“Over many years, yachts and crews have changed from the earlier, Spartan-type yachts crewed by men only, to the very modern superyachts of today that have been built to accommodate for a more unisex crew. This opportunity has now comfortably allowed couples to enter the industry, but to be able to qualify these people is difficult, particularly with ‘green’ teams who may have only recently become attached,” explains Brian. “A short time into their life on board, one either likes it or the other doesn’t, maybe their own personal relationship fails and sometimes crew politics play a part. It causes disruption and extra work and naturally enough a mindset and attitude is created, and is a consideration when employing couples.”
But if the couple can prove their worth as individuals and a cohesive team – bearing in mind those who can do this will naturally be slightly older – there shouldn’t be a problem. “If you are a young team that has never worked on a yacht together in the past, it will be difficult to convince any manager, crew agent or owner that you are suitable and compatible for a team position in any capacity on board,” explains Sue. “If you have a proven track record and can back that up with personal accounts from previous owners, brokers and crew, then the perception issue of the team should disappear.”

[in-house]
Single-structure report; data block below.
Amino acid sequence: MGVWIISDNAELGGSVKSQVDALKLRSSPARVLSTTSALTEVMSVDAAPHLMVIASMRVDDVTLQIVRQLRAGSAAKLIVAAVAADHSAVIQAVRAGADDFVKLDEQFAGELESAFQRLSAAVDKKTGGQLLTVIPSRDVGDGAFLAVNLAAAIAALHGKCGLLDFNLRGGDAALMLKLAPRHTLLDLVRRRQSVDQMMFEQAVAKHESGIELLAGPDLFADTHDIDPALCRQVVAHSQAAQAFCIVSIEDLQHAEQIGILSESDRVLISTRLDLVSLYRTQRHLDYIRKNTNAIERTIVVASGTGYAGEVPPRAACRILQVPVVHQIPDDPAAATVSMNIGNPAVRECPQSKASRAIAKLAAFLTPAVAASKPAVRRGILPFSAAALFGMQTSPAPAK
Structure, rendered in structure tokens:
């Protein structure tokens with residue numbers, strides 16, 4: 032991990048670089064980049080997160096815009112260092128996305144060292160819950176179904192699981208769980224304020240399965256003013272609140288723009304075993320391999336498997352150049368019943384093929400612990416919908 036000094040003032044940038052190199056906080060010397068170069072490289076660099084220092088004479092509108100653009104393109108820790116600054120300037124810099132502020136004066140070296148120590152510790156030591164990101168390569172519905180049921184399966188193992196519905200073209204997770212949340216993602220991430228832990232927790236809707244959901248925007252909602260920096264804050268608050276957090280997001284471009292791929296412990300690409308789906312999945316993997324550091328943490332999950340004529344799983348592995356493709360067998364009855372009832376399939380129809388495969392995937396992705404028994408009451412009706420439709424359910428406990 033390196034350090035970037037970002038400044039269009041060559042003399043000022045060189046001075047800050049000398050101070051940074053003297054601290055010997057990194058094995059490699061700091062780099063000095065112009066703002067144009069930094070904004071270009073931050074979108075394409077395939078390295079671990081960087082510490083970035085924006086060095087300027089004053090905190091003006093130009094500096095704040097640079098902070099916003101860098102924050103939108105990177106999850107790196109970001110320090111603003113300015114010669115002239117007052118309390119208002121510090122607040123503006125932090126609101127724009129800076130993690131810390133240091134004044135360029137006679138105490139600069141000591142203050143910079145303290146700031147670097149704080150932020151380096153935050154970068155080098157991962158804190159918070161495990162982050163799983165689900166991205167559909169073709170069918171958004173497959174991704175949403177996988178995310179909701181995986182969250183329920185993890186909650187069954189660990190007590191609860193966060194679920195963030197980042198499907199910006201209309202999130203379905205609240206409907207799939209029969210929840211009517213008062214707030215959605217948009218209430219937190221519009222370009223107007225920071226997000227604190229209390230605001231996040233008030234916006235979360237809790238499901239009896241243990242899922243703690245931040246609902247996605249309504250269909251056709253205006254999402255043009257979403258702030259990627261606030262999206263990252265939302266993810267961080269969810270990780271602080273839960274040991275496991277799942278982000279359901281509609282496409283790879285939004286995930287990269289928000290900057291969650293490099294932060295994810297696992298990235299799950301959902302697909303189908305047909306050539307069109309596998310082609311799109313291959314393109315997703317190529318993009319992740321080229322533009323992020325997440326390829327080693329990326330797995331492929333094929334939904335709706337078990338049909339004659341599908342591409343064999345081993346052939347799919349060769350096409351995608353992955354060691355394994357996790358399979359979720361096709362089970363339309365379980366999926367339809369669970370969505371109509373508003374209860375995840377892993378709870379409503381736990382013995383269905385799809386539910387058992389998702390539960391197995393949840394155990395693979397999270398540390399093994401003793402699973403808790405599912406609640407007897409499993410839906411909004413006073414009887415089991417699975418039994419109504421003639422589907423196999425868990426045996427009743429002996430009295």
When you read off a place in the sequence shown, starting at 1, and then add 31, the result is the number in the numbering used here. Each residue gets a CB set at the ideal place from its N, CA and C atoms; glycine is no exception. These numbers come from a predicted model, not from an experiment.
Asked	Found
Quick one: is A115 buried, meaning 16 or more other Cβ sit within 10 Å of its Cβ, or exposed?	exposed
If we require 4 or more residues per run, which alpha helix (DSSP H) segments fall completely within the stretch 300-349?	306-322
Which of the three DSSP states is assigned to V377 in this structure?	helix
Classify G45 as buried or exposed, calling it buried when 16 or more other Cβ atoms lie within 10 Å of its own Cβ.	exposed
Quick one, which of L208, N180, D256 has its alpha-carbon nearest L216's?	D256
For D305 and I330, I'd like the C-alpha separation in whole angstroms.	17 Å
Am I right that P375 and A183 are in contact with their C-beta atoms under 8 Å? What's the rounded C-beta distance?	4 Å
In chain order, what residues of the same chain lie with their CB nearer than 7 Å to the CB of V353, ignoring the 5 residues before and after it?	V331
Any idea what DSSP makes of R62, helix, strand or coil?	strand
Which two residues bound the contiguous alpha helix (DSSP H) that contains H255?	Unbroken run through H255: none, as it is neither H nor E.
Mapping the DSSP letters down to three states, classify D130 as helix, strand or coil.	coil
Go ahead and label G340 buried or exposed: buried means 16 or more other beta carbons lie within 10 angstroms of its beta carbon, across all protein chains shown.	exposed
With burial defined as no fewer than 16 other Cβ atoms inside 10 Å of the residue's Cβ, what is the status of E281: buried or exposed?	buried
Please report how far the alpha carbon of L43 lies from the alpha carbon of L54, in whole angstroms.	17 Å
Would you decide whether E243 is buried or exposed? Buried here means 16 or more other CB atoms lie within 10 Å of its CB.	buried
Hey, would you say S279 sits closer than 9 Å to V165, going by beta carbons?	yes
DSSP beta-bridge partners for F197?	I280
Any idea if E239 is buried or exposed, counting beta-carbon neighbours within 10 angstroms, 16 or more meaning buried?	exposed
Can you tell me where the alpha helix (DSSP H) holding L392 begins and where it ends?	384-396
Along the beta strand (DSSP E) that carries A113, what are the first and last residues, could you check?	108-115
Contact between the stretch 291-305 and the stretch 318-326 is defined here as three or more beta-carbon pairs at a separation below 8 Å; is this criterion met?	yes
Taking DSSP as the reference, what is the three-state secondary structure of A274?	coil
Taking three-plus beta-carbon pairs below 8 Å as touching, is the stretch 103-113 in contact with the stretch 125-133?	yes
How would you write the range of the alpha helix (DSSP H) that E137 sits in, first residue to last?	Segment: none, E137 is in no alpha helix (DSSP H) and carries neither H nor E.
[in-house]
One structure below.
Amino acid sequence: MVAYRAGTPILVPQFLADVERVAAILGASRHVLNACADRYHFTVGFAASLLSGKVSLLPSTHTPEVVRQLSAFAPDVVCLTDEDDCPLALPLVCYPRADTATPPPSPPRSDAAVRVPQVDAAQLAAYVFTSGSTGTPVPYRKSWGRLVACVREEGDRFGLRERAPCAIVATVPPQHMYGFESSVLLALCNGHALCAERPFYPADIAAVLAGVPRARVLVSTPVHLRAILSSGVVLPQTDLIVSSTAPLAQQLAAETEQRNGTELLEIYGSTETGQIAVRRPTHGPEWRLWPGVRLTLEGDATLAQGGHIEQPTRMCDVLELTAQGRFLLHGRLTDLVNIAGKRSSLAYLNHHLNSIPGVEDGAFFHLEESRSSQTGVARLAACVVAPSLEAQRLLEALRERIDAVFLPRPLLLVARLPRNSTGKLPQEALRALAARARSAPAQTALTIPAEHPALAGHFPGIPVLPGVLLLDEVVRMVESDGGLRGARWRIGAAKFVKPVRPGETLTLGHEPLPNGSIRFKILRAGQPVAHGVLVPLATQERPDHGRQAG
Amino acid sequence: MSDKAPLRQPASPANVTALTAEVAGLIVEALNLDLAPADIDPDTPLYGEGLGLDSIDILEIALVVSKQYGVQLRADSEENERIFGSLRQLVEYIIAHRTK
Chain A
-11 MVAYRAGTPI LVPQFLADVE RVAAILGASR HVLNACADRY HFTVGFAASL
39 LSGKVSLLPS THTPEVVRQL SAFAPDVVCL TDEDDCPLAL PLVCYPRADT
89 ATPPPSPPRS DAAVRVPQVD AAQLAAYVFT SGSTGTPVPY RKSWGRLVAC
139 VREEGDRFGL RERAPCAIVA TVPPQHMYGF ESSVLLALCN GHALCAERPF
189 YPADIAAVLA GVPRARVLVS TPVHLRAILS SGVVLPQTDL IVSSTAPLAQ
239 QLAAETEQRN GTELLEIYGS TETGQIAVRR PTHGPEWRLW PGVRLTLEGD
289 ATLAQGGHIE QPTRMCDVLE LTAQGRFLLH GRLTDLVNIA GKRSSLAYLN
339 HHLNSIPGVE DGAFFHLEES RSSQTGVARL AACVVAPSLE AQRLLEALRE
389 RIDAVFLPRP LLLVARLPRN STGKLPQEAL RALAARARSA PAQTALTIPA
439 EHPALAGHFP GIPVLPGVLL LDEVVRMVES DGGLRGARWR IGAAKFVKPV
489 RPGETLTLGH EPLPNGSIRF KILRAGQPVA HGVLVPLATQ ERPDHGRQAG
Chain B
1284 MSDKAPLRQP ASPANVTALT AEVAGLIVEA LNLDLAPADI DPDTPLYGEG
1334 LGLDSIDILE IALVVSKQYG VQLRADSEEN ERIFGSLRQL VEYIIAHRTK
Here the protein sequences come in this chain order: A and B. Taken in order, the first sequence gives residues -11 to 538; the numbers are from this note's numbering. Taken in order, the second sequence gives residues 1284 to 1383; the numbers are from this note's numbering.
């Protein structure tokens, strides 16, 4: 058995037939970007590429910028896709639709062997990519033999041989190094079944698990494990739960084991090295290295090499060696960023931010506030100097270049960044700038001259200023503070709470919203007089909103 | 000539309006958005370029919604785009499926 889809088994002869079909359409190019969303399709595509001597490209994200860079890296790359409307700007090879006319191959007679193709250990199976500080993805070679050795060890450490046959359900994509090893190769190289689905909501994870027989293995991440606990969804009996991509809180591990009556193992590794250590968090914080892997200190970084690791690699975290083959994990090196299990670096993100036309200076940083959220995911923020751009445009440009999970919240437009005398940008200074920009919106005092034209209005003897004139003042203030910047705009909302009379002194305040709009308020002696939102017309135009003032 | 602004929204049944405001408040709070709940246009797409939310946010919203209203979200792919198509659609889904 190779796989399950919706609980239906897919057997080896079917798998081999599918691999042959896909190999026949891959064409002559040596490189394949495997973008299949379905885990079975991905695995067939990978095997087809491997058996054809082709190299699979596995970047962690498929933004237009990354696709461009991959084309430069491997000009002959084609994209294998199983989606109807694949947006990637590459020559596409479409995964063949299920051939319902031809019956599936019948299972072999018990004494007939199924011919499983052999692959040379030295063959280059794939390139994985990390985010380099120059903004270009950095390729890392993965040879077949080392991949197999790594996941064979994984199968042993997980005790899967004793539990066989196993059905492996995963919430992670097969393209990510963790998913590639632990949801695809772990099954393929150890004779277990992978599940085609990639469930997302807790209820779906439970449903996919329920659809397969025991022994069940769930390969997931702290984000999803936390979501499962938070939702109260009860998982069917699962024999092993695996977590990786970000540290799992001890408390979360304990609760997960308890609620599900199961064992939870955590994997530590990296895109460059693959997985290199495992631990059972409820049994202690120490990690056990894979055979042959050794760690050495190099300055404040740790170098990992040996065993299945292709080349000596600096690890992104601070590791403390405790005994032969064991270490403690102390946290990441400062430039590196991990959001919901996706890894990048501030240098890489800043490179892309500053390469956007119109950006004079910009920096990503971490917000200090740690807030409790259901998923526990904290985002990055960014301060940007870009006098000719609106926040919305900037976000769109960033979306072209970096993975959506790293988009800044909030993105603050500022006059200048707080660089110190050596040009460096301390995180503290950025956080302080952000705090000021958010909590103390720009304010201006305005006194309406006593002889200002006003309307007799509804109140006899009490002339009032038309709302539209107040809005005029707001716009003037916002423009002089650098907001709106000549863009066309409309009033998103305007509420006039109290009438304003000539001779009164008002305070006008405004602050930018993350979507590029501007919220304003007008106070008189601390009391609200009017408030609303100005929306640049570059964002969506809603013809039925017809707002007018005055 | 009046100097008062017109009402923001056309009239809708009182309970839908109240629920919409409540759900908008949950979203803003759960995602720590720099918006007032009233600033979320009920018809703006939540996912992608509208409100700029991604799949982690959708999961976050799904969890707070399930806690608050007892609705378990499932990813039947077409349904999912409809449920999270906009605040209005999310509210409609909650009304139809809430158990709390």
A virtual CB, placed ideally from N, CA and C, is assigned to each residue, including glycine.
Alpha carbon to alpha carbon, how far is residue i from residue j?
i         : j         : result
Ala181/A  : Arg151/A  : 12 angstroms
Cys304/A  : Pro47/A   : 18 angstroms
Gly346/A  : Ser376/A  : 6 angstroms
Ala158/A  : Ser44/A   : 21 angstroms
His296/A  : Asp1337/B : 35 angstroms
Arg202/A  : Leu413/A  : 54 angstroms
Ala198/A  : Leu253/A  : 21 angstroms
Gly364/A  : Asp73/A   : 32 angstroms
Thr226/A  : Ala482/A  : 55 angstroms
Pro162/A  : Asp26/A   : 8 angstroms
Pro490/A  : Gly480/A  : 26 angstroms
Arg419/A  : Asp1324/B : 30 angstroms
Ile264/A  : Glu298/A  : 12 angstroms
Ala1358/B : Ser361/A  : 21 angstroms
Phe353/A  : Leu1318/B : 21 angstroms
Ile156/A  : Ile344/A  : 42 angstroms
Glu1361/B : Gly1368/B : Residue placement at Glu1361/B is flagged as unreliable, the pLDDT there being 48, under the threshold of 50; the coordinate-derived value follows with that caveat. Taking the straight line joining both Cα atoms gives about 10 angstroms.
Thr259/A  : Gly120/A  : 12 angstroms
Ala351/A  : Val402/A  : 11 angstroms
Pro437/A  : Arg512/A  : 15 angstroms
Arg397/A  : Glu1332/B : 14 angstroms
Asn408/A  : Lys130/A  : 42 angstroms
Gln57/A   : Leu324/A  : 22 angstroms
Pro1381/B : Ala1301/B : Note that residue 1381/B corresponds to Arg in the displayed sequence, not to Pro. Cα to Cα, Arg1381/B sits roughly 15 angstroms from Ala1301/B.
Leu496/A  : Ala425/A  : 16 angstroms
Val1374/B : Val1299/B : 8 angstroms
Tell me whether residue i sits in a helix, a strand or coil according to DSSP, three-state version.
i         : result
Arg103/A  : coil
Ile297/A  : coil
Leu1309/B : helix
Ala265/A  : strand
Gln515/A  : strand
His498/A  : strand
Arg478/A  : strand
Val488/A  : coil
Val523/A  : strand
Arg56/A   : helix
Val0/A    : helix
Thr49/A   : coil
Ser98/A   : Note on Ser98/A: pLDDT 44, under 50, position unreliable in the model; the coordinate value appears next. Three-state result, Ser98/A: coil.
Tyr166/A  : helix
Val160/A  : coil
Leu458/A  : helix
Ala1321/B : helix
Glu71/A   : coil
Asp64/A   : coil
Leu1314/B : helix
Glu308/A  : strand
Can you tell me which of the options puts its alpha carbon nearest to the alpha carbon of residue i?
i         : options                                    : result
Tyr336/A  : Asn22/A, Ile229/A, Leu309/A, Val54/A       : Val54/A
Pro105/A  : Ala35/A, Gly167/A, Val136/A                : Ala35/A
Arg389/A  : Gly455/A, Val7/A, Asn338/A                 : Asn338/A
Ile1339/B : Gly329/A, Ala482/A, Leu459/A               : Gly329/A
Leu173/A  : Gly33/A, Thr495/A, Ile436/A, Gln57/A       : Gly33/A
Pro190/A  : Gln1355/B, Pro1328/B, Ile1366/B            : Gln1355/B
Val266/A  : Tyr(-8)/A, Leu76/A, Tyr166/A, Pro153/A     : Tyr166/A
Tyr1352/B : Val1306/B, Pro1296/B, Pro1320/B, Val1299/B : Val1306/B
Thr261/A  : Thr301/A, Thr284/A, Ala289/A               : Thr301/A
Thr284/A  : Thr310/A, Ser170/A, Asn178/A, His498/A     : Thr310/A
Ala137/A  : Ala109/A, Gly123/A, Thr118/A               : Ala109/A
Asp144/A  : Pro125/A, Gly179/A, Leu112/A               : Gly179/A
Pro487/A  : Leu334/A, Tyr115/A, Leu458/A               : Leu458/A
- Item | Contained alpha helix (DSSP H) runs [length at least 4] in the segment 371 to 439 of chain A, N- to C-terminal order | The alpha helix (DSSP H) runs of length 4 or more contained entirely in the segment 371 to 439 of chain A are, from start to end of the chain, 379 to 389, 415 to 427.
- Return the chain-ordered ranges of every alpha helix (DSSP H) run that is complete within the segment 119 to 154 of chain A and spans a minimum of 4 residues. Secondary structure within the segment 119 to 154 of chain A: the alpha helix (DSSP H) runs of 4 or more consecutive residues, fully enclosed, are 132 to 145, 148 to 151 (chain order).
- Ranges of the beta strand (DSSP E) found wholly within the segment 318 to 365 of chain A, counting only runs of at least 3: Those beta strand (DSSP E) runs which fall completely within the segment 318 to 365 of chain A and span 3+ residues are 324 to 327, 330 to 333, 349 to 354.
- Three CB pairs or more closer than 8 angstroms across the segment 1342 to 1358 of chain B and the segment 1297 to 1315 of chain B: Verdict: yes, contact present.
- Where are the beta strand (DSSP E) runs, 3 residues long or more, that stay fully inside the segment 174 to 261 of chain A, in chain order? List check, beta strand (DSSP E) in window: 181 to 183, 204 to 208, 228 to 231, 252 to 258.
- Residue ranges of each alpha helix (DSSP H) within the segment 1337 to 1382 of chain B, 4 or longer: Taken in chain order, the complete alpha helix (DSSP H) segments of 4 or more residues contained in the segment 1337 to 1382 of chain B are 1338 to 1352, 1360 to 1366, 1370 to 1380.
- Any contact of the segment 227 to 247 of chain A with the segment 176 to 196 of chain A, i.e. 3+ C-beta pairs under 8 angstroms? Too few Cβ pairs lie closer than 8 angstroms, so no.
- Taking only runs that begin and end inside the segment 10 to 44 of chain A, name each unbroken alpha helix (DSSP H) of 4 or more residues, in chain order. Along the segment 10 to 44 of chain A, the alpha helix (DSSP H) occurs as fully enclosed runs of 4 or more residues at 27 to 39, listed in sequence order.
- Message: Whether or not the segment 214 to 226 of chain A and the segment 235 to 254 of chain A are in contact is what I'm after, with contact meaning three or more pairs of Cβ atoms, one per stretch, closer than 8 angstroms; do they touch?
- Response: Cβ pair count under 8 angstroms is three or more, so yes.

- Captain Sue Mitchell
Having worked for a number of different owners over their 30 years in the industry, the Mitchells believe that there is, in fact, a financial advantage for owners choosing to employ couples. “Past experience has demonstrated that an owner gets more ‘bang for his buck’ hiring a team instead of individual crewmembers to manage the yacht,” adds Sue. “There is an economic advantage in most instances. We work as a cohesive team, in every capacity required on board. Cabin configuration is also another advantage. With a couple operating the yacht, the crew cabin arrangements generally work out for the better. Depending on the size of the crew and the cabin layouts, we have found that occupying one cabin, generally on the bridge level, allows the rest of the crew more space below deck.”
However, the invaluable experience of well-established couples is potentially under threat from the younger, inexperienced generation of ‘yachties’. "I think the older couples of the industry will disappear," says Sue. "It’s getting harder to deal with the differing standards and work ethics we see in the younger crews coming along. Maybe they are the smart ones and maybe we were just too committed to drop tools, take a break and think about number one first and the boss and the boat second."
Find the interview with Brian and Sue Mitchell in issue 69 of The Crew Report - out 24 June, 2014.